While DUI is normally a misdemeanor offense, there are situations where drunk driving charges can rise to the level of a felony crime

Alfonso Gambone
Connect with me
Alfonso Gambone is a Philadelphia criminal defense attorney dedicated to protecting your rights.

While drunk driving (driving under the influence/DUI) is a serious criminal offense in Pennsylvania, it is normally not charged as a felony offense and therefore does not subject a person to a state prison sentence in most situations (exception: repeat offenders). Our criminal defense law firm, with its main office in Philadelphia and 2nd office in Moorestown, NJ, handles a large volume of drunk driving cases within the Commonwealth. Most of these cases involve issues such as the admissibility of blood or a person’s breathe sample, along with whether the Commonwealth (prosecution) can establish beyond a reasonable doubt that the individual was impaired at the time of their operation of the vehicle or car.

 

Drunk Driving—Misdemeanor Charges

 

Drunk driving is charged as an ungraded misdemeanor when it is the person’s 1st or 2nd offense regardless of whether the incident involves a high blood alcohol concentration (BAC) or an accident under Section 3802 (a)(1). It is a misdemeanor of the 1st degree in any situation where it is the person’s 3rd offense. Most first time offenders are eligible for the Accelerated Rehabilitative Disposition Program (ARD) but this requires an agreement from the prosecution (District Attorney) and it’s important to understand that every case is different; never assume you are eligible for ARD.

 

While DUI is normally a misdemeanor offense, there are situations where drunk driving charges can rise to the level of a felony offense. As I have written in the past there is a substantial difference between a misdemeanor and a felony offense in any jurisdiction including Pennsylvania or New Jersey. A felony conviction subjects a person to a lifelong stigma, which in most cases can’t be removed and will continue to follow the person the remainder of their life.

 

DUI Felony Offenses

 

Aggravated Assault By Vehicle While Driving Under the Influence is a serious drunk driving charge, which is graded as a felony of the 2nd degree in Pennsylvania under Section 3735.1 (Title 75 – Vehicle Code). A person is guilty of this offense if he or she negligently causes serious bodily injury to another as a result of drunk driving (violation of Section 3802). It’s important to understand that if you are charged with this offense, the prosecution must not only establish the elements of this offense but must also prove you guilty of the underlying drunk driving offense. All of the defenses which I discuss in my book, Five Ways to Fight and Win Your Pennsylvania DUI, provide a strong strategy to dispute these charges and I encourage you to take some time to review it. In addition to this felony DUI charge, there are situations where drunk driving causes death of another. The elements of Homicide By Vehicle While Driving Under the Influence are the same as aggravated assault with the obvious difference being that the act causes the death of another. There is however, a major difference between aggravated assault and homicide DUI. Homicide DUI subjects a person to a mandatory minimum 3 year state prison sentence and a consecutive term for each victim killed as a result of the drunk driver’s actions (Section 3735, Title 75).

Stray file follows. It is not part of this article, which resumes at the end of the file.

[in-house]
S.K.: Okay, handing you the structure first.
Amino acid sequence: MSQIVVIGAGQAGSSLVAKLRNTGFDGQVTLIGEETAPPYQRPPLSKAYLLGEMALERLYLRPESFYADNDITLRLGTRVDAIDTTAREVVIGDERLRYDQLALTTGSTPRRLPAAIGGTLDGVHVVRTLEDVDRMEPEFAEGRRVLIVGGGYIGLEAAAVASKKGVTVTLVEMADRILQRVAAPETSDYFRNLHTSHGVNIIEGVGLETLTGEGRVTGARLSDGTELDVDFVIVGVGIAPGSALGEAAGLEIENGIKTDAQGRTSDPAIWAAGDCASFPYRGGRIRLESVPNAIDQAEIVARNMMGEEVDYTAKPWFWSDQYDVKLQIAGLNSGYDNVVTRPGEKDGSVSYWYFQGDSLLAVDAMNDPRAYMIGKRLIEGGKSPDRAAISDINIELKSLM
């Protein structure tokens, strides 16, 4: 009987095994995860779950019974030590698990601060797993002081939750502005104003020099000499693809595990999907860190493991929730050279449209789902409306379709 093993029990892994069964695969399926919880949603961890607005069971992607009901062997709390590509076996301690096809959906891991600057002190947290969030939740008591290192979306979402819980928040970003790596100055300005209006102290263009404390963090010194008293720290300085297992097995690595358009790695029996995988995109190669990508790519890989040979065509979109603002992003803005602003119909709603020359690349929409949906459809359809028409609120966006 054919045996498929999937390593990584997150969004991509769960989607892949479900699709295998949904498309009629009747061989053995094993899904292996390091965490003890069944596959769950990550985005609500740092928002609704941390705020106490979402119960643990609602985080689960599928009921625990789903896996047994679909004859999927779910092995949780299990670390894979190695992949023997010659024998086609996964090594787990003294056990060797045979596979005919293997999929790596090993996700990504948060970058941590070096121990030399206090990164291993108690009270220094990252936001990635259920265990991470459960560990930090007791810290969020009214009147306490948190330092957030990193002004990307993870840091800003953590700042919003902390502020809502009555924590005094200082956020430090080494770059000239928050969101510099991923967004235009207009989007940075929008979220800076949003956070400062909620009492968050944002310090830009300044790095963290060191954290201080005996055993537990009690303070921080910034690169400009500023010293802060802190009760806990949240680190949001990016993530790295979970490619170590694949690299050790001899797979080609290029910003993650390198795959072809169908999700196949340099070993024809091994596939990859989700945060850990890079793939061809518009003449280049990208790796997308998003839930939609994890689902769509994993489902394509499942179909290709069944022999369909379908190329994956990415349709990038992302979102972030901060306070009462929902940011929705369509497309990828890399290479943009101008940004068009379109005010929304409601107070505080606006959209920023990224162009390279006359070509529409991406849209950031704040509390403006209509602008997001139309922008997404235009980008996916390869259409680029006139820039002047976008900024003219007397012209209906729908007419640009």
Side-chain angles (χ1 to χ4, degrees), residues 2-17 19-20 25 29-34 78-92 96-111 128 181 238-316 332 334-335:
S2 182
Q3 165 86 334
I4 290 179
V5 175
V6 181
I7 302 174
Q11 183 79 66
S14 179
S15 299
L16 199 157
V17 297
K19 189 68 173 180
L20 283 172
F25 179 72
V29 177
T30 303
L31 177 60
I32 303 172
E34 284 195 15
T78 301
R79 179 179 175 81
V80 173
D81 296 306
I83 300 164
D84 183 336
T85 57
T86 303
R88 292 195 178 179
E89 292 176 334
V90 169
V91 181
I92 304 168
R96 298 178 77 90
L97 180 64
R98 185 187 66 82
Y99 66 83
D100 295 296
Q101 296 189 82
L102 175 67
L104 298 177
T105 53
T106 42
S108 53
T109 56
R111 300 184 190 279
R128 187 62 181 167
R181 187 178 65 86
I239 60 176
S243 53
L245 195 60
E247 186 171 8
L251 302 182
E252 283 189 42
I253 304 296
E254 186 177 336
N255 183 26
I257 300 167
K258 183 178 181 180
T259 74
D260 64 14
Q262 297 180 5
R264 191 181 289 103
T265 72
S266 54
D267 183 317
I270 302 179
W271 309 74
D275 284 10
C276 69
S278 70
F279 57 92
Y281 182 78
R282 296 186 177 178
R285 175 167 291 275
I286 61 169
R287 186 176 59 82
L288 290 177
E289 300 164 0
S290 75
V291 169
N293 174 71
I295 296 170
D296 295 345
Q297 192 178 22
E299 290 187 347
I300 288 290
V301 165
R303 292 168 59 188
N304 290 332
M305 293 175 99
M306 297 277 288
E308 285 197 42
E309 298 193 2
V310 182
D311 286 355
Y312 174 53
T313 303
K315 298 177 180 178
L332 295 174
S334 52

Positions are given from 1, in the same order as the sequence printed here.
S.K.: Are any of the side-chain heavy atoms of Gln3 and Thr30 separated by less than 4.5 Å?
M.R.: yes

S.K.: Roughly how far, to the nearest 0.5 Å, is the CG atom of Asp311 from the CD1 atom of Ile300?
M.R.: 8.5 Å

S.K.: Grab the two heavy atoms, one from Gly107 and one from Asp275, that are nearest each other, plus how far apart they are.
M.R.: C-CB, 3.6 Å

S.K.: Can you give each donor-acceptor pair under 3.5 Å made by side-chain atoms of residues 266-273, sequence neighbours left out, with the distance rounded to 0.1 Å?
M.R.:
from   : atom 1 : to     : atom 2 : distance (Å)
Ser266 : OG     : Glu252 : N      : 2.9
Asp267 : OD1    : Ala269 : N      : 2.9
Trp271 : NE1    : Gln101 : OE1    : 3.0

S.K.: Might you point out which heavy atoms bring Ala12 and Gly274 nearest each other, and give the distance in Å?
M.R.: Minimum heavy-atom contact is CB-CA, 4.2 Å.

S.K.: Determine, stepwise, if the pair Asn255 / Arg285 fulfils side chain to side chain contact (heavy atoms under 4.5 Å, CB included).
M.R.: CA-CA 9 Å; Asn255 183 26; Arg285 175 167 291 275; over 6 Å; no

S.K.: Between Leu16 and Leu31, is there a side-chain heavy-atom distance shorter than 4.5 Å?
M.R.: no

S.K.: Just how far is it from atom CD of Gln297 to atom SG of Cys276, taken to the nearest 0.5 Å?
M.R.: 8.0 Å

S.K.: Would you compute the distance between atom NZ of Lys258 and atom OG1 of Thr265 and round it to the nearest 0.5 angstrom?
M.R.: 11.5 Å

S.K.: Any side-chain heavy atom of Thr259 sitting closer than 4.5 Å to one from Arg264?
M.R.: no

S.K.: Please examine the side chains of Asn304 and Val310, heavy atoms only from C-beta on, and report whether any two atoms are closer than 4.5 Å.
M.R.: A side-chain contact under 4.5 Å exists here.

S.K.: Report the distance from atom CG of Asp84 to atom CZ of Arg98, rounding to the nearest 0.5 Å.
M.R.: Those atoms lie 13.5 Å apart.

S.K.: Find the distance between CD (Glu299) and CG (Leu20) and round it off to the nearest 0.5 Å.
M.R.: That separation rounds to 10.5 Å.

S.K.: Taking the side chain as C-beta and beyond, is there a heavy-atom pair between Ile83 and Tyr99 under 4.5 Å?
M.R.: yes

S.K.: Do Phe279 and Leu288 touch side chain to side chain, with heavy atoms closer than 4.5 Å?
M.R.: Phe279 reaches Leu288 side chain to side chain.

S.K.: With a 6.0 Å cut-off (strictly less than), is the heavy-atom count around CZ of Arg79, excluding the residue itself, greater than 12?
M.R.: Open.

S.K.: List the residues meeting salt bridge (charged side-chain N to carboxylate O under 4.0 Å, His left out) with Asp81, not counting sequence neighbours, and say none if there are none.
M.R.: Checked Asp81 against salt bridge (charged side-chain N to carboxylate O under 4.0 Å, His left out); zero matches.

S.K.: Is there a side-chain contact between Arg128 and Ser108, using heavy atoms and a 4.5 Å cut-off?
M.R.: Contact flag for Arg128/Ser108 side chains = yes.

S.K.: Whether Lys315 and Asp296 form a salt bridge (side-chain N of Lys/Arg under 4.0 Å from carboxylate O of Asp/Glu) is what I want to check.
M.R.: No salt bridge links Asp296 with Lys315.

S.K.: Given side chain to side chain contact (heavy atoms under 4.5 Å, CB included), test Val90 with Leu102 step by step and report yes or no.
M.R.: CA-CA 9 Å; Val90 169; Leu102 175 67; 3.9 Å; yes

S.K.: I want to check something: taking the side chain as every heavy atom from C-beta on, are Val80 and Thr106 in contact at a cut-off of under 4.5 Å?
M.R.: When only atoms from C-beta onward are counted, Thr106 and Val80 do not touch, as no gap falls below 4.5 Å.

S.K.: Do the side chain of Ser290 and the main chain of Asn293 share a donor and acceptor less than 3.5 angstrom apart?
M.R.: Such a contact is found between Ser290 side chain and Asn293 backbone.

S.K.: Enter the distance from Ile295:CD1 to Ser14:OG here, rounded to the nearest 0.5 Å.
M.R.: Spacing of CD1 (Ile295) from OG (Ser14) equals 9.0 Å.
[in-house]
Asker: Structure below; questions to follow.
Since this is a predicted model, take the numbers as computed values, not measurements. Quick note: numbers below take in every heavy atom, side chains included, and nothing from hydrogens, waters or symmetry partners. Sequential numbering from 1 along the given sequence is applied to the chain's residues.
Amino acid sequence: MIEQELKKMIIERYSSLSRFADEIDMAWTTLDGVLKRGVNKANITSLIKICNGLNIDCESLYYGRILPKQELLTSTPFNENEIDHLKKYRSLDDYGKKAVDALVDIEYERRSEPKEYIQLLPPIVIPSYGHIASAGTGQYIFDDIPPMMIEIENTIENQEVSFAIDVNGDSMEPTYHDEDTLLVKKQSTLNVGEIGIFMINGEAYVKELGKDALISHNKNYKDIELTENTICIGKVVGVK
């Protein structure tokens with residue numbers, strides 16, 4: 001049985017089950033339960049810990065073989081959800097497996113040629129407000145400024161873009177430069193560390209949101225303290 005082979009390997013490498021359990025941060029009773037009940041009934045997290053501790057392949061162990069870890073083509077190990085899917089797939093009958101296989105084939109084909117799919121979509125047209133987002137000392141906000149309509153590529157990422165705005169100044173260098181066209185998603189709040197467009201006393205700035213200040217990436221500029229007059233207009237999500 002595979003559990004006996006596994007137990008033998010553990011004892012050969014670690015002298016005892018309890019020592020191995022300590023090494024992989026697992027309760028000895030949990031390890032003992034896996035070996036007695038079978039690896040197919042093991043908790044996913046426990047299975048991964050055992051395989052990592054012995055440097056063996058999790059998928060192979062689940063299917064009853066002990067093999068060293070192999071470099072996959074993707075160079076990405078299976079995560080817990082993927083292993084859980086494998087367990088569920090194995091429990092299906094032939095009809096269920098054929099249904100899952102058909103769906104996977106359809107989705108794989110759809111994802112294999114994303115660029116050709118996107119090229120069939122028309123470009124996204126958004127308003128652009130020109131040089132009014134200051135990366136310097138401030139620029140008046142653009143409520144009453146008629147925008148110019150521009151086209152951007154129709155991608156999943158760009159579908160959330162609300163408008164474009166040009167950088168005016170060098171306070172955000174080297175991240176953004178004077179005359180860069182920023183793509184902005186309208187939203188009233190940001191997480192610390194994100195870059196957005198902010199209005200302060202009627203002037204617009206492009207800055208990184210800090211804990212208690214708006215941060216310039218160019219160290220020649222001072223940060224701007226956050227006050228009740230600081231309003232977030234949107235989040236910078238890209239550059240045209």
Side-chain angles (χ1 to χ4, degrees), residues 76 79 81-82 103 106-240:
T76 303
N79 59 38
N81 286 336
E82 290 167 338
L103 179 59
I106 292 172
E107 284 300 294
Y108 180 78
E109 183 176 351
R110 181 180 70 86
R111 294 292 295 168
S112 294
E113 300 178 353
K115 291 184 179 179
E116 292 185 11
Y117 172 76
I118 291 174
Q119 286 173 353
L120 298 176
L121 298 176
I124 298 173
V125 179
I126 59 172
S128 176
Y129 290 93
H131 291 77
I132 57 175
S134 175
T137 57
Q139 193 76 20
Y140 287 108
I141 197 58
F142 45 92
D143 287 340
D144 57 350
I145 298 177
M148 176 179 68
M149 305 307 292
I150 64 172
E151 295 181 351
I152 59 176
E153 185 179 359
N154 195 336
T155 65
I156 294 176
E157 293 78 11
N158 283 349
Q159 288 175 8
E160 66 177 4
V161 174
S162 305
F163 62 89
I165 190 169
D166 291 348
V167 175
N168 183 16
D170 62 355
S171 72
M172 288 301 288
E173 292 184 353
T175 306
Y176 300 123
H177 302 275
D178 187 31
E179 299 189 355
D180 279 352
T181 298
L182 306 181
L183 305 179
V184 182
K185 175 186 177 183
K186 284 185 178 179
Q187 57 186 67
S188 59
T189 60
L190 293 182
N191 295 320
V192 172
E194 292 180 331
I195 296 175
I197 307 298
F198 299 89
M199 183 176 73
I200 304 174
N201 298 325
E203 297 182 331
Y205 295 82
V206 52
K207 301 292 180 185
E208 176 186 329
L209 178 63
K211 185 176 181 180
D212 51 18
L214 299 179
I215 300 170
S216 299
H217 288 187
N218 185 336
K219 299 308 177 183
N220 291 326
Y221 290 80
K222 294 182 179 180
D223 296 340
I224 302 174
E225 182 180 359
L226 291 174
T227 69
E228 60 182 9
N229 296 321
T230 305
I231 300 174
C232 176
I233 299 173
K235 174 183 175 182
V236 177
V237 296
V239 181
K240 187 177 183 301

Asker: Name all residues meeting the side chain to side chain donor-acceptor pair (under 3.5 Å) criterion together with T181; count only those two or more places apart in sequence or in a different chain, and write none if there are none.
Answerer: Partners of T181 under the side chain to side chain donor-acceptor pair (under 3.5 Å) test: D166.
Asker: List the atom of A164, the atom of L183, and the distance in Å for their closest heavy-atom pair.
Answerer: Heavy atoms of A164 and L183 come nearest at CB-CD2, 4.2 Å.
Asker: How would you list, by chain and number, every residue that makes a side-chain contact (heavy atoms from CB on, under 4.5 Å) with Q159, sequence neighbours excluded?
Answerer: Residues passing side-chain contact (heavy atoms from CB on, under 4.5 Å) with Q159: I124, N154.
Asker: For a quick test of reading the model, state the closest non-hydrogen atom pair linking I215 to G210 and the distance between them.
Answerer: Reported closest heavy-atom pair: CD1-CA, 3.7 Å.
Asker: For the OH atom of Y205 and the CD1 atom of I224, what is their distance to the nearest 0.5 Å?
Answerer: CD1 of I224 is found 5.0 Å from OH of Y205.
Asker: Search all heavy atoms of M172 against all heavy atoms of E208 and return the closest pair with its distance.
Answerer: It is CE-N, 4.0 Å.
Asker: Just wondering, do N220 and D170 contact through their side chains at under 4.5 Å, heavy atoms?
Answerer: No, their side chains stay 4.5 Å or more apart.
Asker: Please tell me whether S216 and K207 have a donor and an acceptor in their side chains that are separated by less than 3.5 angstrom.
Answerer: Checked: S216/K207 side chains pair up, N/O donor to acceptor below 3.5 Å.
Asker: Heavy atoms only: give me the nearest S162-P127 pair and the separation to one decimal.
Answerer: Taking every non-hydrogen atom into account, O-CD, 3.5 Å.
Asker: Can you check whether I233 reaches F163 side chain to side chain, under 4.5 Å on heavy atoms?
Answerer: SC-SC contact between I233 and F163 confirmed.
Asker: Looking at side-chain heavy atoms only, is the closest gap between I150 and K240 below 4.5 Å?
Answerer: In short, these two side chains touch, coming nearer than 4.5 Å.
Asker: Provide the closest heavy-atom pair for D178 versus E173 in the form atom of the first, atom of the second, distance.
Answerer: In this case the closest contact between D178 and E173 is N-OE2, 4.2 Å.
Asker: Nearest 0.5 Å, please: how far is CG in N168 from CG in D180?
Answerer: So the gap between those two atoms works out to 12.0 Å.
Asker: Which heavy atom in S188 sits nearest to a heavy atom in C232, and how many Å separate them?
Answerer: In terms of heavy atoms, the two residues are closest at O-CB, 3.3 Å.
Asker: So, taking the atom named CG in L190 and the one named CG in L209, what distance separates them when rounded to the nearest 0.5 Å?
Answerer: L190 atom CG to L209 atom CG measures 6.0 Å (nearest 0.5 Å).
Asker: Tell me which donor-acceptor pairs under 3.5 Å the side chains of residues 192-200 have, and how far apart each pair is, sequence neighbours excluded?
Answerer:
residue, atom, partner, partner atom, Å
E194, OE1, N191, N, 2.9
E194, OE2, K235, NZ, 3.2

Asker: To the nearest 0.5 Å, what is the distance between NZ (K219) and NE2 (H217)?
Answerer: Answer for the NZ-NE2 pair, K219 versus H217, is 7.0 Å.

Non DUI Felony Driving Related Offenses

 

In addition to drunk driving charges involving serious injury or death, there are also criminal offenses in Pennsylvania for motor vehicle accidents involving these types of consequences. A person, who either recklessly or negligently causes the death of another, while violating any law of Pennsylvania or the Municipality, commits a felony of the 3rd degree and a potential sentencing enhancement if the incident occurs in an active work zone. If the incident doesn’t cause death but serious bodily injury, the individual commits a felony of the 3rd degree along with a sentencing enhancement (2 years max) if it occurs in an active work zone. Unlike homicide by vehicle involving a drunk driver, there is no mandatory minimum 3 year state prison sentence for homicide by vehicle with no issue with regards to the intoxication of the operator.

 

For more information on drunk driving charges I encourage you to visit our free download section.

Be the first to comment!
Post a Comment